“Caricature” is almost too frivolous of a word to describe Hirshman’s 1939 presentation of the well-known flamboyant conductor Leopold Stokowski, musical director of the Philadelphia Orchestra (the city where Hirshman lived most of his life). Here was an almost-certainly unique innovation in the field of 3D “construction” in a 2D format. The glass that usually only functions to cover and protect the artwork actually became the artwork. Hirshman, who at one time could only find a job tediously painting designs on porcelain plates, here painted Stokowski’s distinctive body on the inside of the glass cover with the conductor’s face and hands of delicate feathers and wicker-woven hair recessed and attached to the backboard of the piece.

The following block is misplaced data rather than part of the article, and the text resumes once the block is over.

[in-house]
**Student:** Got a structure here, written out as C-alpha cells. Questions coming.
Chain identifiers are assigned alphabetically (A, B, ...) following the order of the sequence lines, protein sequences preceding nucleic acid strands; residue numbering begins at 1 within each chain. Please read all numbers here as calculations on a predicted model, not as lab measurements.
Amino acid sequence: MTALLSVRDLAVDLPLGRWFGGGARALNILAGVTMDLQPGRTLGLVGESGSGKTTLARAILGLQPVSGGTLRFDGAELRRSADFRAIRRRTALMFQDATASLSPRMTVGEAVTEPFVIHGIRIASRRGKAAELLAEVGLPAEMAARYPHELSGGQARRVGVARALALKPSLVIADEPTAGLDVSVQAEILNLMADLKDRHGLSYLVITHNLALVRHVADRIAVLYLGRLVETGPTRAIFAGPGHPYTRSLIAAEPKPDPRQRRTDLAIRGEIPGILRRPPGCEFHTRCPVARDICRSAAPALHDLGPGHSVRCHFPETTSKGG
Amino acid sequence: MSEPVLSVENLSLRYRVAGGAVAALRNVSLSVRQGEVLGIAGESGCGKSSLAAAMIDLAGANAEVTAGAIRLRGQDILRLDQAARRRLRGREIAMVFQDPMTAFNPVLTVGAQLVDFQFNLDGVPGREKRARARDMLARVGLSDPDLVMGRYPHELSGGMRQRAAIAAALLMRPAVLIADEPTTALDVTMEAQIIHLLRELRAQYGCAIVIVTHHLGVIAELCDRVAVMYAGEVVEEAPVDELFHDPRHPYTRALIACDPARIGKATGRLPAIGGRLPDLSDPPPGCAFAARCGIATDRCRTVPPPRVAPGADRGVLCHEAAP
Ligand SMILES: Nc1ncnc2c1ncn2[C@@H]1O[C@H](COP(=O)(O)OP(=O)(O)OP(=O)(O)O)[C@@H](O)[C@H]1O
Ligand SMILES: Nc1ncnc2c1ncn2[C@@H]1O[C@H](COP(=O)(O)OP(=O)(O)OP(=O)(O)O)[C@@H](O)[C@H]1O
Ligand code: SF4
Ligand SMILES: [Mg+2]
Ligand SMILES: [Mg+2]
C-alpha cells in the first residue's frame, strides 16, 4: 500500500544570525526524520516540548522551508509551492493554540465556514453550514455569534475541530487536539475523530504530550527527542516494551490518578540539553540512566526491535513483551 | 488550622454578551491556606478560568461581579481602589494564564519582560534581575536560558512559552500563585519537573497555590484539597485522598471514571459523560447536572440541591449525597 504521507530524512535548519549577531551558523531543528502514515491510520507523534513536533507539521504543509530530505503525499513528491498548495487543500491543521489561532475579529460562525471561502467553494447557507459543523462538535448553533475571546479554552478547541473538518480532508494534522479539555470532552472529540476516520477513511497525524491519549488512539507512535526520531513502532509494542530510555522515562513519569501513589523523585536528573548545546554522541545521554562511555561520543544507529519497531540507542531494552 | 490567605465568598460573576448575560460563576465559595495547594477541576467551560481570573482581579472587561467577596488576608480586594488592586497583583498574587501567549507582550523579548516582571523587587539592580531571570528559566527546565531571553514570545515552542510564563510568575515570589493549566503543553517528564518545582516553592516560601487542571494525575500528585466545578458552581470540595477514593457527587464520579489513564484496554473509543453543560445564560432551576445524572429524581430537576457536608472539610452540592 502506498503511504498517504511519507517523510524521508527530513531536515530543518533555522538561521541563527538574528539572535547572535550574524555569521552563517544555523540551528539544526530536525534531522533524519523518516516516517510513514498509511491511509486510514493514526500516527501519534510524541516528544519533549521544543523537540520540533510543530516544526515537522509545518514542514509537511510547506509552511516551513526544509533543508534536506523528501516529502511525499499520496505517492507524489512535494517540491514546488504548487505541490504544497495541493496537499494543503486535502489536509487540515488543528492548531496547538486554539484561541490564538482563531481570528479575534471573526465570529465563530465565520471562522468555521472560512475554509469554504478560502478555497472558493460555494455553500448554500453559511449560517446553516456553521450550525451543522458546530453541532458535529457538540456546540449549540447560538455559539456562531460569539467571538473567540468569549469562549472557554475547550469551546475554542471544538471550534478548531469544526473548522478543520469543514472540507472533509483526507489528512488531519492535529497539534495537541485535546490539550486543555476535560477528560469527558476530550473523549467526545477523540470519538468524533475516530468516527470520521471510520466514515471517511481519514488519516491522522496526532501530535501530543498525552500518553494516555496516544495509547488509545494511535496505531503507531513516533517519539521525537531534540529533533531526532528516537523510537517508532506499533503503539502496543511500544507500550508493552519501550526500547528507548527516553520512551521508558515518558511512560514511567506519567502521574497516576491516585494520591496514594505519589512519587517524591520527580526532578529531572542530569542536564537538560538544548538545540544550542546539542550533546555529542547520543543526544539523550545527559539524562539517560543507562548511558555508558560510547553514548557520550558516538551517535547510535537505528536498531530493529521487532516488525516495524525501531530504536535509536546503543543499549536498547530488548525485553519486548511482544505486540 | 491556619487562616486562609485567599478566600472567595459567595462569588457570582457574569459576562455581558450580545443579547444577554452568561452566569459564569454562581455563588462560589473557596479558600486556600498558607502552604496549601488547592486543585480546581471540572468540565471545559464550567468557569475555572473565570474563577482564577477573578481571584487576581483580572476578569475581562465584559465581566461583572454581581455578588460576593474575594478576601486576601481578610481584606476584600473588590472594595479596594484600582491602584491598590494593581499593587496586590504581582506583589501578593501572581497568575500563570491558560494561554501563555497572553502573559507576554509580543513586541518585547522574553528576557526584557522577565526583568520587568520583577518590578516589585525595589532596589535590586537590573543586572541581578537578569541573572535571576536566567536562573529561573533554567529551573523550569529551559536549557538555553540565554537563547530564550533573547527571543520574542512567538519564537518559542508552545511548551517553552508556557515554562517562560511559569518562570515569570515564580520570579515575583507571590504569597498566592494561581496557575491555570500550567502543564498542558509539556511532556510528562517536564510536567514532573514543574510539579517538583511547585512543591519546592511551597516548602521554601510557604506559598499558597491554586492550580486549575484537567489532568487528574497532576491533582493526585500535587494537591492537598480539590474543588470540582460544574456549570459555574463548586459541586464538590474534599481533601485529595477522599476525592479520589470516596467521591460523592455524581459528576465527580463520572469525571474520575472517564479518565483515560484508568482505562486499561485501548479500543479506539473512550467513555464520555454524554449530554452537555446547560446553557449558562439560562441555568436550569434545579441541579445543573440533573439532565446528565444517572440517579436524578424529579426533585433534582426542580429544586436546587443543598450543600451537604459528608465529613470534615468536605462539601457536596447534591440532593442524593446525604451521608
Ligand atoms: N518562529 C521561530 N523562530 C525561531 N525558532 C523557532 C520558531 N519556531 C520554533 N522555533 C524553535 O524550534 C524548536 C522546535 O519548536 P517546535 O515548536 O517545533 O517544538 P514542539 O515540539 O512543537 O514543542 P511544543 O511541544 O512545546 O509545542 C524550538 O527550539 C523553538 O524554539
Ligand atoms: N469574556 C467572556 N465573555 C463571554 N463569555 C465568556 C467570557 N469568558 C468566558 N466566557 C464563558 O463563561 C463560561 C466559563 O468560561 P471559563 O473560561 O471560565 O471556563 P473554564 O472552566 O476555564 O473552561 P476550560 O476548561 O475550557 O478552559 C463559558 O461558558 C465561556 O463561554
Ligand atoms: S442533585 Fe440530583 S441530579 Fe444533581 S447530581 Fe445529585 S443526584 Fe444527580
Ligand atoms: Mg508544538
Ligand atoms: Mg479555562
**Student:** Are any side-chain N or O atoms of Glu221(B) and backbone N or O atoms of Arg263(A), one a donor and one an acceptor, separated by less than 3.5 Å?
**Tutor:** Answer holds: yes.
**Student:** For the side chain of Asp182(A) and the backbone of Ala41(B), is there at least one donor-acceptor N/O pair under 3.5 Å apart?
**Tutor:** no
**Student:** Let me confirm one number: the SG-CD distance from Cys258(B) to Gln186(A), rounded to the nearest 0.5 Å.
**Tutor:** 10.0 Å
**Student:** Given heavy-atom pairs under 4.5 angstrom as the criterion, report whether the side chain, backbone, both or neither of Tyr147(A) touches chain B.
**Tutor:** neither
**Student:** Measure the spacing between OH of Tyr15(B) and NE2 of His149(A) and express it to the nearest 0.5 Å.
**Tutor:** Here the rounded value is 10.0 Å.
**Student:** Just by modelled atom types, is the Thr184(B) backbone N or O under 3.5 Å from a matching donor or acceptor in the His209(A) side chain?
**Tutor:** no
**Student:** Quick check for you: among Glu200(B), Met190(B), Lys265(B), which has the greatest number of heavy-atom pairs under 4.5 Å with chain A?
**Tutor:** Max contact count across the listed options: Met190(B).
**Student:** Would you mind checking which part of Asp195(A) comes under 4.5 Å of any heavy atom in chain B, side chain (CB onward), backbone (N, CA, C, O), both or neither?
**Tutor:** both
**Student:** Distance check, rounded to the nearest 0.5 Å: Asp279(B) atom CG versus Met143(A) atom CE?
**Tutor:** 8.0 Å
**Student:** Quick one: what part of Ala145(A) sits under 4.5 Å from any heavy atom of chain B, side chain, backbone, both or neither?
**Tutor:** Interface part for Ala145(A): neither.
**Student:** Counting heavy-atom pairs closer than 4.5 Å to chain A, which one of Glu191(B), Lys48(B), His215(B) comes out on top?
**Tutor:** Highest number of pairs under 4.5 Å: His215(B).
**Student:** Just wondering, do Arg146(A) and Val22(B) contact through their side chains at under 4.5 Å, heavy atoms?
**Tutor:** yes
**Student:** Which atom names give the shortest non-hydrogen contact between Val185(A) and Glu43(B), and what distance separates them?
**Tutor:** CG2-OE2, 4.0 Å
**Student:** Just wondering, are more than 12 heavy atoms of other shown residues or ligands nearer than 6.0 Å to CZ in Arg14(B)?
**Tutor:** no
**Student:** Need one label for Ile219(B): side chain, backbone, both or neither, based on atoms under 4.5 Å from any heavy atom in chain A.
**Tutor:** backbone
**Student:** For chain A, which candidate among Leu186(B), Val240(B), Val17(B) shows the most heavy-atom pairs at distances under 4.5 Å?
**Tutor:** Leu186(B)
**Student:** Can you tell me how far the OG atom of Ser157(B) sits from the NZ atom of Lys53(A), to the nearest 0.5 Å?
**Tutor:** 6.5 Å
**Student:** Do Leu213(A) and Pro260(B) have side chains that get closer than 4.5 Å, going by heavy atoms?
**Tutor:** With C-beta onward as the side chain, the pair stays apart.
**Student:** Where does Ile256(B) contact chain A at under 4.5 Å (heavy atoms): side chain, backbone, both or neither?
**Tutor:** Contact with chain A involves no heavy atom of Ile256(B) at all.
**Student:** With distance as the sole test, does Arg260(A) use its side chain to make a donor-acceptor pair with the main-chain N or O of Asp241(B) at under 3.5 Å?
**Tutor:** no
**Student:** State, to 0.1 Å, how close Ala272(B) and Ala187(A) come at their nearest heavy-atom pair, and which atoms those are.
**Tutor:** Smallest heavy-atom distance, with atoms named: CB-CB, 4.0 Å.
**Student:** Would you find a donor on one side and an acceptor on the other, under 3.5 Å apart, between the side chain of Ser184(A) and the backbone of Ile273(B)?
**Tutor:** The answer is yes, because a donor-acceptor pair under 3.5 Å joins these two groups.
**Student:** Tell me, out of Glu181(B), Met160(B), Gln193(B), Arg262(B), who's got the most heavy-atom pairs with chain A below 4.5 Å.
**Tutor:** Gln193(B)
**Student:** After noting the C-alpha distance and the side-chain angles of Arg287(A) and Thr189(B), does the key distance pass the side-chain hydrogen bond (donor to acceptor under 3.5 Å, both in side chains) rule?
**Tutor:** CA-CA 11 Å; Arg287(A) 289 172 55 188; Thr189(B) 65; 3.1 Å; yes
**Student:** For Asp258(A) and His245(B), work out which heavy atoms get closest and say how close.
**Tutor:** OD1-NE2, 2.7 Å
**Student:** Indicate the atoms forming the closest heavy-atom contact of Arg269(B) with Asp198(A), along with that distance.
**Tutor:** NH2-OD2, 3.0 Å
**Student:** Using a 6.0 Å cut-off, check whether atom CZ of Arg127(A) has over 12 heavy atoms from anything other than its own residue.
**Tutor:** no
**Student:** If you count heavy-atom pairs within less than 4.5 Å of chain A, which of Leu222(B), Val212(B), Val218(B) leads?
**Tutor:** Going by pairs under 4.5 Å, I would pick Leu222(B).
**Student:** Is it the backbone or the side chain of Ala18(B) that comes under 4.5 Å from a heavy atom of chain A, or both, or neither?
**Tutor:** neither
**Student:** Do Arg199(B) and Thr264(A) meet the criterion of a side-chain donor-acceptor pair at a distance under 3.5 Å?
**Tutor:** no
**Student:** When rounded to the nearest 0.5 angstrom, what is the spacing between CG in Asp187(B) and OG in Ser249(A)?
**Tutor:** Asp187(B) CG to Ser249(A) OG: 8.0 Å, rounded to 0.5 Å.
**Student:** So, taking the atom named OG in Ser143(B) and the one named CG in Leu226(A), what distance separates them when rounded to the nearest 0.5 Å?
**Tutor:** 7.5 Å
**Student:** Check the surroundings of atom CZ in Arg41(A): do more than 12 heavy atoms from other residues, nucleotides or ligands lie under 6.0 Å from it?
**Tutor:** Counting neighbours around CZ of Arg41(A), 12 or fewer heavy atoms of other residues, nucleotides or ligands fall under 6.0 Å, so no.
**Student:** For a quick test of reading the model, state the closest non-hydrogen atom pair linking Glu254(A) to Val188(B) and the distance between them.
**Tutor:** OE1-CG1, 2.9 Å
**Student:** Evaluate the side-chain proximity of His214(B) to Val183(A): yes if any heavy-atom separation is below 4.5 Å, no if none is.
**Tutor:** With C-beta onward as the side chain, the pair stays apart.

This creation, painstakingly crafted, actually had to be created twice. Hirshman’s son, while playing livingroom soccer with his dog, accidentally sent a sneaker flying that hit the Stokowski caricature hanging on the wall and breaking the glass – Hirshman’s only piece where the glass covering was the art itself .